After a summer of heavy turbulence in global financial markets, the new season starts with the seemingly endless story of when the Federal Reserve Board will raise interest rates. Although the Fed put off the move in September, the US central bank will up rates eventually, most likely at its next meeting in December. The hike will undoubtedly force some countries to shift monetary policies.

Author: Andrea Fiano

OCTOBER 2015  |  VOL. 29 NO. 9

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This month our cover story looks at central banks and, in particular, how these influential policymakers have dramatically changed their tactics to steady shaky economies. Perhaps the biggest shift: Institutions like the Federal Reserve and European Central Bank have morphed into superinvestors—a far cry from their traditional roles.

Of course, new problems require new solutions. The rising influence of China on the world stage, for one, has rewritten economic models. In recent months, uncertainty over the economic condition of the People’s Republic and its future monetary policy has rattled markets.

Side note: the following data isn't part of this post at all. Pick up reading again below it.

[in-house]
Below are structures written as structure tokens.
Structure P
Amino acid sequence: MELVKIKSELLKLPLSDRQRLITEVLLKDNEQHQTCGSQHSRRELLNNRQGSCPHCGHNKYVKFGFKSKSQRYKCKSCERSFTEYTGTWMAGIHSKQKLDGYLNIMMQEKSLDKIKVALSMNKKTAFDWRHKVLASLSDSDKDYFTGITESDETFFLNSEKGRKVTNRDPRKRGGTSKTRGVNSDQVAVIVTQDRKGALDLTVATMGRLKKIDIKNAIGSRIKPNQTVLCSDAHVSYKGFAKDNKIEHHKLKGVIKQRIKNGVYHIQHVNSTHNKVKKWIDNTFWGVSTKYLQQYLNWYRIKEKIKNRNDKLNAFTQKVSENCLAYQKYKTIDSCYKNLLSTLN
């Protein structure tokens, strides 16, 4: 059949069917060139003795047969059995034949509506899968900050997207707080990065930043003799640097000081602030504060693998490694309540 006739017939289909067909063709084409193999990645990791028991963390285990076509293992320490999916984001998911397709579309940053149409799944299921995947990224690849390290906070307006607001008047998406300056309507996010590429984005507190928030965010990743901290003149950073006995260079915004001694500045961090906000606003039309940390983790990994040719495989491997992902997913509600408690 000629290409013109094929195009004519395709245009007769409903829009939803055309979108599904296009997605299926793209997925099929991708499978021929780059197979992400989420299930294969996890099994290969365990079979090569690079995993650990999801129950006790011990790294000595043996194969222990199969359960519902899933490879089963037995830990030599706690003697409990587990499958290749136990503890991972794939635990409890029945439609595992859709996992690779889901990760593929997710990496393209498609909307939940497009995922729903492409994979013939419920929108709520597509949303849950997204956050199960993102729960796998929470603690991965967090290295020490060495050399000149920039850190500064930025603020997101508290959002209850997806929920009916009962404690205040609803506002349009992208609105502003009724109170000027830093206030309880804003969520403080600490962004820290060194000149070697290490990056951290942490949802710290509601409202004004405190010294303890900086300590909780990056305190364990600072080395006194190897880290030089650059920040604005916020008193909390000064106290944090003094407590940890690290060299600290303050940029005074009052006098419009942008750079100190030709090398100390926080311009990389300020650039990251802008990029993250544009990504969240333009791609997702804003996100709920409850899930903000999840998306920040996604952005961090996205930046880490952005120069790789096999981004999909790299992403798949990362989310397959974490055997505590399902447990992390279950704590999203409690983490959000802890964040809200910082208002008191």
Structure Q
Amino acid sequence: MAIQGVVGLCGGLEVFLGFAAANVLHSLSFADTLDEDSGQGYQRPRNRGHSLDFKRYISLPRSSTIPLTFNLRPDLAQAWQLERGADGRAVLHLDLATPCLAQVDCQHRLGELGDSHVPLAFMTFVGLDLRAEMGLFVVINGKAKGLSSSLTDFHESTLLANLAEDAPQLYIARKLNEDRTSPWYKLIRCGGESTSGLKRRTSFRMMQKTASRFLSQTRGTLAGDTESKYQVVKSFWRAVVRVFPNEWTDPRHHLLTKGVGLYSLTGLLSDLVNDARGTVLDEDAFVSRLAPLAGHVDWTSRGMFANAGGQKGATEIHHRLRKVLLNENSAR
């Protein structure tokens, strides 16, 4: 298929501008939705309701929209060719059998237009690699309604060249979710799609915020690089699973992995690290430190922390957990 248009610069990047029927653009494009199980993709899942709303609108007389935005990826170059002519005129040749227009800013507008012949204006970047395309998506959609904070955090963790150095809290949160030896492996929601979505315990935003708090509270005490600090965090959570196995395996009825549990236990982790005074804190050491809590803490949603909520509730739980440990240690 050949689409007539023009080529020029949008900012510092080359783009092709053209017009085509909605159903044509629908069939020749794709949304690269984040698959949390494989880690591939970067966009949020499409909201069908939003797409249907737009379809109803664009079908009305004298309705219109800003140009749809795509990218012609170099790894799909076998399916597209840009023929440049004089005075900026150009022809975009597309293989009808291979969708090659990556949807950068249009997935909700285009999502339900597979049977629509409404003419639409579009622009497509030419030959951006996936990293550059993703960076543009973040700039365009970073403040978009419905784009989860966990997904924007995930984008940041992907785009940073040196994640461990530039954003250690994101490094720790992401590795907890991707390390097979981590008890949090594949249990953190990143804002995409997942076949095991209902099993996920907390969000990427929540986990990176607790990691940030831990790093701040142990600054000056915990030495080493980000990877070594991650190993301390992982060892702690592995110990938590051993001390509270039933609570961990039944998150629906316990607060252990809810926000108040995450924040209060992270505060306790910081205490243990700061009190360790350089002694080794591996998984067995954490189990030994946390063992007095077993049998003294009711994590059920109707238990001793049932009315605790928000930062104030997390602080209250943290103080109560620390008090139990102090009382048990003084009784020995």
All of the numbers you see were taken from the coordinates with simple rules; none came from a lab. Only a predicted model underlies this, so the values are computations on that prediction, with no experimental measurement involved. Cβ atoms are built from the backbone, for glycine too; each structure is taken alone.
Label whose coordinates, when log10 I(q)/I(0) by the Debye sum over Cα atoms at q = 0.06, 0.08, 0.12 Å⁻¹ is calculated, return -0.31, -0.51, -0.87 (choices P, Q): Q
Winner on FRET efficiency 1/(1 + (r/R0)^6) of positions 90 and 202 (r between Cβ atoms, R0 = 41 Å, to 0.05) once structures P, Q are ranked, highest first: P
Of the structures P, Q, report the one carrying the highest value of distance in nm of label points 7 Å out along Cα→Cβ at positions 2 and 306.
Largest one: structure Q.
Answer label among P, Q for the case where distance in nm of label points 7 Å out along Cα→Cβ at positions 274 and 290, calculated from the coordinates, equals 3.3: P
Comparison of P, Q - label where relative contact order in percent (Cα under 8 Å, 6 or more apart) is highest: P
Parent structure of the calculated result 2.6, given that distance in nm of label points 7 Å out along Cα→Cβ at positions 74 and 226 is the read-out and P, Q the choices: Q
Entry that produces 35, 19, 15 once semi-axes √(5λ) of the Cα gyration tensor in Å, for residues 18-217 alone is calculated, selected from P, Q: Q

Such global uncertainty might explain the timing of the recent downgrade of the sovereign rating of Brazil to below investment grade. And in August, emerging markets saw outflows of some $40 billion dollars from equities and bonds, according to data from the Institute of International Finance. “Emerging and frontier market economies may hope for the best during the upcoming tightening cycle,” commented the World Bank's Carlos Arteta, “but given the substantial risk involved, they would do well to buckle their seatbelts in case the ride gets bumpy.”

These potential shock waves have dominated the debate in the months preceding the annual meetings of the IMF and World Bank in Lima, Peru. It will certainly be at the center of the public and private debate at the gathering.

Thus, in this issue we present our annual report cards for central bankers worldwide. Of note, the number of governors who deserved the highest grades increased from last year. It’s a small group, but one consisting of central bankers from developing as well as developed nations. The results confirm our belief that central bankers are changing with the times, devising innovative strategies to combat the new realities of the global economy.


Andrea Fiano | Editor



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